Monday, the news broke that the famous carnival in Venice has been cancelled because of Corona, and that a growing number of cities and municipalities in Lombardia, Nothern Italy, the economic heartland of this third largest EU economy, are in lockdown. I apped our Venice rep Stefano for a personal update:
“Morning. No carnival, I read!”
“Hey Martijn, unfortunately not :(“, answered Stefano. “Incredible… all universities, schools, churches, everything is closed.. “.
“Wow. That’s like a post-apocalyptic experience. Is everyone buying online then?”
“Weirdly enough, not all people are buying online. Yesterday, there was a huge queue at the supermarkets. I obviously buy online as ususal :)”, answered Stefano. “The prices of masks and disinfectants are very high”.“By the way, are events (shows) still going on?”
“No, in Lombardia and Veneto all is cancelled. Never saw something similar (:|. We have to stop the infection as soon as possible and therefore all necessary measures are taken. I expect that the number of infected people will increase in this week and then after about ten days, I hope that the measures taken will block the infection completely. That is happening now. And by doing virus checks, we are discovering all Corona cases that before seemed trivial influenza.”
The Italian stock market plummeted 5.5% on Monday, the largest drop since 2016 during a day. All over the world stock markets are dropping because of the Corona fear, now that the virus has clearly spread outside of East-Asia and got a foothold in the largest economic zone in the world. Italy and some other EU countries were already on the brink of an economic recession, and the Corona flu is projected to give at least Italy the final push into a recession, defined as two consecutive quarters of negative GDP growth. The financial markets will now closely watch, wether the virus can be effectively contained in Northern Italy, or that the epidemic will spread to more major economies with similar paralyzing effects.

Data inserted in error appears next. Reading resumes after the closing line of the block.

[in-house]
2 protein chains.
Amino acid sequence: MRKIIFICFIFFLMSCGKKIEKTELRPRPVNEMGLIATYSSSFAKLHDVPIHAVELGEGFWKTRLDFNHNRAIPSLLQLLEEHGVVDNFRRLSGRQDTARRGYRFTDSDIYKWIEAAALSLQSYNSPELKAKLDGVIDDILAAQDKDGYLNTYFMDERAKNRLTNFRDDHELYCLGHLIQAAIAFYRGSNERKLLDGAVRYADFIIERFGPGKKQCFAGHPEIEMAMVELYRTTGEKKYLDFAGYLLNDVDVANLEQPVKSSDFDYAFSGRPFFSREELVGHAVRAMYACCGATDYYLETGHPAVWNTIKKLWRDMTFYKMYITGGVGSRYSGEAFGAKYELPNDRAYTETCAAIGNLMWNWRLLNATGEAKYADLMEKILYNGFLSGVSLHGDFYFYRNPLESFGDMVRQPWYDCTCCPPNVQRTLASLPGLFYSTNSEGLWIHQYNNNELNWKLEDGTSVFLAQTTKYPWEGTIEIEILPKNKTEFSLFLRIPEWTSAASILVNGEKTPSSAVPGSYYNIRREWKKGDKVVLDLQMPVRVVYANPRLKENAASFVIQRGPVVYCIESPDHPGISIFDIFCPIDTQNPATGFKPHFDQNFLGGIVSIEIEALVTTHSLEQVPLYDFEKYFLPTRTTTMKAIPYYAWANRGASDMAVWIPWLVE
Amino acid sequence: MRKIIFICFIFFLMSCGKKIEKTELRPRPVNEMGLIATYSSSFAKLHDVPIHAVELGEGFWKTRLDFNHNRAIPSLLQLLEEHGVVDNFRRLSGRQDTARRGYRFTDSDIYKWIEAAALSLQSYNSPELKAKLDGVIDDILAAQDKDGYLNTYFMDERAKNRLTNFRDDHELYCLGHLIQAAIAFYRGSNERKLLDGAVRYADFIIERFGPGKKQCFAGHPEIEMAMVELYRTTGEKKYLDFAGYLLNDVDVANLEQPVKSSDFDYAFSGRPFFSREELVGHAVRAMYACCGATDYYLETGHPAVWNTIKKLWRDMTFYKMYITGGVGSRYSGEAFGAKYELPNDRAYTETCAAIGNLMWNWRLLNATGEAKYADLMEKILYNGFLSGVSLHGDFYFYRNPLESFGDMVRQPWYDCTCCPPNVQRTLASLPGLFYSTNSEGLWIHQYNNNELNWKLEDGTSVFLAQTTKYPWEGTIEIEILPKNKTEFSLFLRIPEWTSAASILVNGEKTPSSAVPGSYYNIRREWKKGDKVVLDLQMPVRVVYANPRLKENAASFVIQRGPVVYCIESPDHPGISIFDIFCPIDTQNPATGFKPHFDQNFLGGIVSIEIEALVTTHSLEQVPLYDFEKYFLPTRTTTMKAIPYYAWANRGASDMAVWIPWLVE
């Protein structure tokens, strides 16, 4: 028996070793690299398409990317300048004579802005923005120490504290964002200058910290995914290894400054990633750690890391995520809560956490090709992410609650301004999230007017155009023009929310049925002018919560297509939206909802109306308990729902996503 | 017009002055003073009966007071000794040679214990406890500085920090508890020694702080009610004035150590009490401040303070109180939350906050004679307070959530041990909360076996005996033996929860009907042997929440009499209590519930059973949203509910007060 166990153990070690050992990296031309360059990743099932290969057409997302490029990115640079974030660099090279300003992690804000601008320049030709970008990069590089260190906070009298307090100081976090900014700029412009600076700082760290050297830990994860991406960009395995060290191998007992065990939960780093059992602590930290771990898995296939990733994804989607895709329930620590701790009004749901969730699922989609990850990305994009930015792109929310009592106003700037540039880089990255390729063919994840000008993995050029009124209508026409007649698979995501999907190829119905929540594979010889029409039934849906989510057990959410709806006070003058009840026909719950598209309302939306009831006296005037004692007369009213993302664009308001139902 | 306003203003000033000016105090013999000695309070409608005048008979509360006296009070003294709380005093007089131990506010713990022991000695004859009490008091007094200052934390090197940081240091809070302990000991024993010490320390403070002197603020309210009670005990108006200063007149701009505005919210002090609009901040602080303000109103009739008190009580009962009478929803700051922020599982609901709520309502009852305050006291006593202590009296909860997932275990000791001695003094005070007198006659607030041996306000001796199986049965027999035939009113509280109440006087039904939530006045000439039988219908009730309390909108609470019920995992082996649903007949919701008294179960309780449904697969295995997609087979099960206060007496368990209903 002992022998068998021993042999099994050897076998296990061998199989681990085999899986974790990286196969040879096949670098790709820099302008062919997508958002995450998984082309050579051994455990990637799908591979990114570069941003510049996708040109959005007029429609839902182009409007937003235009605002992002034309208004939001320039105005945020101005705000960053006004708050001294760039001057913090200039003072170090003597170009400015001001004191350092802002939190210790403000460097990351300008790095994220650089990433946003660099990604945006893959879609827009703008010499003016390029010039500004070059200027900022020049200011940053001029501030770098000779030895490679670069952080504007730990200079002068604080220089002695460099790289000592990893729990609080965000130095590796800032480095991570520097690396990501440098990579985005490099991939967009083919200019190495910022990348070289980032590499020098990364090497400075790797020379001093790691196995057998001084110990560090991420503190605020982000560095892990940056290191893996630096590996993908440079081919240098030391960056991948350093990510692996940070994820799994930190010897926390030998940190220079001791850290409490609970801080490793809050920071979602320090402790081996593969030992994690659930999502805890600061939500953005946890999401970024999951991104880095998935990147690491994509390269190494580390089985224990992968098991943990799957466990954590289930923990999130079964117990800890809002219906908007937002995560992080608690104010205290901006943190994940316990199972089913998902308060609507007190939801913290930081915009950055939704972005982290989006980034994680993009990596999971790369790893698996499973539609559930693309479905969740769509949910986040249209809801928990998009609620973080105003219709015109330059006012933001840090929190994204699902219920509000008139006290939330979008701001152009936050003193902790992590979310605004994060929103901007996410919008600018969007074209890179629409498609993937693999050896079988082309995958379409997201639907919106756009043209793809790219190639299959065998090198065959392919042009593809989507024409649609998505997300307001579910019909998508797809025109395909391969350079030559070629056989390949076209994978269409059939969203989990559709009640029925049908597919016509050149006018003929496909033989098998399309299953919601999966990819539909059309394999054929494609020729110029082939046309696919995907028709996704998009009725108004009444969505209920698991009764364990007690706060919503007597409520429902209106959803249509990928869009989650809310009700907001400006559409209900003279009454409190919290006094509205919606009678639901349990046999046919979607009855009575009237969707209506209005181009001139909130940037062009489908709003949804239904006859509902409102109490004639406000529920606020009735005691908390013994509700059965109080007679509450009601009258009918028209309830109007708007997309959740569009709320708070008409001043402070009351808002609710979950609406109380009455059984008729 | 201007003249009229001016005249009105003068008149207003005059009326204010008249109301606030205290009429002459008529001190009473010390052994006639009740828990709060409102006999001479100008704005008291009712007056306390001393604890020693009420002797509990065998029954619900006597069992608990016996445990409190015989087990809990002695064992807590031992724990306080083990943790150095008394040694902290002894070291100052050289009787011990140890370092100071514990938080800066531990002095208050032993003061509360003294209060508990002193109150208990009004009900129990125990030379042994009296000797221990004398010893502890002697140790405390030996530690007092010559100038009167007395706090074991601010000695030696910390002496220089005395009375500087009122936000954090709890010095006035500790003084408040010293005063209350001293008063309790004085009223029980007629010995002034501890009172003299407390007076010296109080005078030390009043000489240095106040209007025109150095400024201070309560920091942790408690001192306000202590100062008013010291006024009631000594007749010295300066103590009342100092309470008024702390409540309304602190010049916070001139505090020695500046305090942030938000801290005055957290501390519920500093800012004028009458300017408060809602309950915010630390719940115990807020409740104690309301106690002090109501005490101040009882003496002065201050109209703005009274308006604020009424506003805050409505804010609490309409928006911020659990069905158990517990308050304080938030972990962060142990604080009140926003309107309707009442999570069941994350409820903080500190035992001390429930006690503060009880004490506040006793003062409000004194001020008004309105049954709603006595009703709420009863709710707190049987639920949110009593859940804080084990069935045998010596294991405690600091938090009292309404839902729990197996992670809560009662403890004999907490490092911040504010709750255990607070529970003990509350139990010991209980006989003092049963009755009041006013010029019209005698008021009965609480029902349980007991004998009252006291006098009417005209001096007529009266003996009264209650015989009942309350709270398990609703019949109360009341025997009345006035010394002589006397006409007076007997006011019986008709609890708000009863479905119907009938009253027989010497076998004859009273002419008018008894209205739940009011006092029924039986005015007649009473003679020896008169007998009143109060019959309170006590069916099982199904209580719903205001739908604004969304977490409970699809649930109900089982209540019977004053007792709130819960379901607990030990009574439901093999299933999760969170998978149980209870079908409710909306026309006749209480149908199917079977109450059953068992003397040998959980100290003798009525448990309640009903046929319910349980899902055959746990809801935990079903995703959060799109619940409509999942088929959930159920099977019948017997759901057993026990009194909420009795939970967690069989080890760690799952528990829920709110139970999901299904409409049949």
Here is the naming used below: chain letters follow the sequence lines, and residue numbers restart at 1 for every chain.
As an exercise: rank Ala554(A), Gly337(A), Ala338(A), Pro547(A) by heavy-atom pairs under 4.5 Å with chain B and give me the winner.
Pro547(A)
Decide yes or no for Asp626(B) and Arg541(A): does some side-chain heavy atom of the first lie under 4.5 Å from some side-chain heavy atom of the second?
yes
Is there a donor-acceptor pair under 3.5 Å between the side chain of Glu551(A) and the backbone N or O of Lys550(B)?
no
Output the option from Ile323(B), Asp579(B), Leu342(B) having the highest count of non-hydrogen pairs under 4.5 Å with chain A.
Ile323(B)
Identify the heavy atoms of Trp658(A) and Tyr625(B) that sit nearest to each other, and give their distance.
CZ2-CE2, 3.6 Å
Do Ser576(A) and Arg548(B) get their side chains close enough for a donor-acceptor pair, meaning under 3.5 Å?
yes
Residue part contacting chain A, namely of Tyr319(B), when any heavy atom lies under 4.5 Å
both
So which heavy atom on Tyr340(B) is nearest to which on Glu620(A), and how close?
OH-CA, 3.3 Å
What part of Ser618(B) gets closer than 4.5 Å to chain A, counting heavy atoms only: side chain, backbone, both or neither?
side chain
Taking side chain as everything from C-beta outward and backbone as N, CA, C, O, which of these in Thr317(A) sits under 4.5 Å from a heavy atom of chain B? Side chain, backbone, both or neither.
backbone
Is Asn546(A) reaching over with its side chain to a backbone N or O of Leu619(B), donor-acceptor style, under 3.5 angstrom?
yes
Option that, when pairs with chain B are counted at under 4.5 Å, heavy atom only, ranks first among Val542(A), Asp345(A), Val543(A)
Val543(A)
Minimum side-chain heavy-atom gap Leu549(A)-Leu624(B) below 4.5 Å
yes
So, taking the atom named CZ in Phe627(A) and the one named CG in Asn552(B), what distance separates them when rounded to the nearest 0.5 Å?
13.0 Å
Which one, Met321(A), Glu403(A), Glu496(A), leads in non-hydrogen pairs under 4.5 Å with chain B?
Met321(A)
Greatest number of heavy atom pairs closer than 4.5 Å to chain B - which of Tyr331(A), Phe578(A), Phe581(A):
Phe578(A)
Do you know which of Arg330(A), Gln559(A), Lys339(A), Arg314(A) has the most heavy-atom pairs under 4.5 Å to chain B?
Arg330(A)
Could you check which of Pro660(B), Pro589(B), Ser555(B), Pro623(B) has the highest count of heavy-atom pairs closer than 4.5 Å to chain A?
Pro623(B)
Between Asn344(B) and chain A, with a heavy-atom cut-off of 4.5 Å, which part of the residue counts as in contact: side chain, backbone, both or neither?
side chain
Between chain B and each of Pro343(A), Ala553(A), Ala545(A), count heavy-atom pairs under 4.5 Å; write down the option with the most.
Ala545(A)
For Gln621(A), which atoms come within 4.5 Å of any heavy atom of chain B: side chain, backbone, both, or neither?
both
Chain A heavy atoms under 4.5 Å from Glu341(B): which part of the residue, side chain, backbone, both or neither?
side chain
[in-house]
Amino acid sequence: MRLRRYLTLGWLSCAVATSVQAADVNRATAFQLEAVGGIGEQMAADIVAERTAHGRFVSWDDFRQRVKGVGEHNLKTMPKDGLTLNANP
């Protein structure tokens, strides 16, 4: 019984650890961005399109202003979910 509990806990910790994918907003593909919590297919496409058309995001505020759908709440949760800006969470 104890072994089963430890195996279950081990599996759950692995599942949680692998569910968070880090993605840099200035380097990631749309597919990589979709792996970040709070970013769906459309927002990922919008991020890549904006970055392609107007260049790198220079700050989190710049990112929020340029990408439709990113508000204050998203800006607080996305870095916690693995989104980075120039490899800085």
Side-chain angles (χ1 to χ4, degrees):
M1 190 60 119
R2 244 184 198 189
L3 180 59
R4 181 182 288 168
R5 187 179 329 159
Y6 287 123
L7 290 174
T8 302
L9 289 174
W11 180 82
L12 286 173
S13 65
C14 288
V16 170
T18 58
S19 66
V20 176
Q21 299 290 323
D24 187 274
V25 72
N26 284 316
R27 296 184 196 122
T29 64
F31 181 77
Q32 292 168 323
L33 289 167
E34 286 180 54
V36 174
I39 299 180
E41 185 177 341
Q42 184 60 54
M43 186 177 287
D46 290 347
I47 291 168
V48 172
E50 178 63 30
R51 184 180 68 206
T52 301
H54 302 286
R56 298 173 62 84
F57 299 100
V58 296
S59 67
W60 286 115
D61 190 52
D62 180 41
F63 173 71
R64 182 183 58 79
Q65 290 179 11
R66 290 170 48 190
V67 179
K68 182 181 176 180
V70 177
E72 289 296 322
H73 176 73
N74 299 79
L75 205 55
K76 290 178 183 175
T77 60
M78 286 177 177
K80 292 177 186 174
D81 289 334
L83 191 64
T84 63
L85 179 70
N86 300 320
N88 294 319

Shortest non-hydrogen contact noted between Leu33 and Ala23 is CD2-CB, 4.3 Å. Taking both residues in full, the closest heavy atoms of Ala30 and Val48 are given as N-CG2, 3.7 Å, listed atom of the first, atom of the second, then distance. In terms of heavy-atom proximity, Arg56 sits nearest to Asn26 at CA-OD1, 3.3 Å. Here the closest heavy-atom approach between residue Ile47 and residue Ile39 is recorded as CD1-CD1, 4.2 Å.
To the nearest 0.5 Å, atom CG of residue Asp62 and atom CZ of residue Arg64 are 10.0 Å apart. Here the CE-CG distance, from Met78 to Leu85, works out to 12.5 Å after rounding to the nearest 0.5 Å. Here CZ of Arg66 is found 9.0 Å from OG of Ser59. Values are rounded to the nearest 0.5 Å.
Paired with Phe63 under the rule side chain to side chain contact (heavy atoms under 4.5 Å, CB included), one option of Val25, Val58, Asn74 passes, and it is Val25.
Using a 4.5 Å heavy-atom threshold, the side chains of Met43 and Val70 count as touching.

As is observed in big cities like Wuhan, China, which is in a complete lockdown, the population is turning to the internet for shopping and entertainment. In other words, for ecommerce it is definitely a boost, even if there are general recession effects. At the other hand, supply from China is hurt, and manufacturers with long or complex global supply chains are vulnerable. This is now already reported by Audi, forced to slowdown its e-tron FEV production, and for computer manufacturers like Apple, who heavily depend on China for its iPhone production.
As the virus is already spreading into Taiwan, South Korean and Japan, the impact on global supply chains might only worsen. It might speed up the diversification of production, which already started because of the trade war between the US and China. But, to fully mitigate the risks of complex and vulnerable supply chains, some level of deglobalization might become the norm. Local, or regional supply chains will be the least likely affected. So, global ecommerce might not fare as well as local ecommerce.
If global supply is hit, the inflatory pressure might go up for more product categories, as is already visible with mouth caps and desinfectants in Italy. Stimulating economies that glide into a recession, while supply is impaired, is a risky policy, potentially leading to the stagflation of the 70s during the oil crisis. I’m sure that central authorities will closely monitor and balance such risks, when considering new stimulating measures.
Read further: News, Research, corona virus, ecommerce
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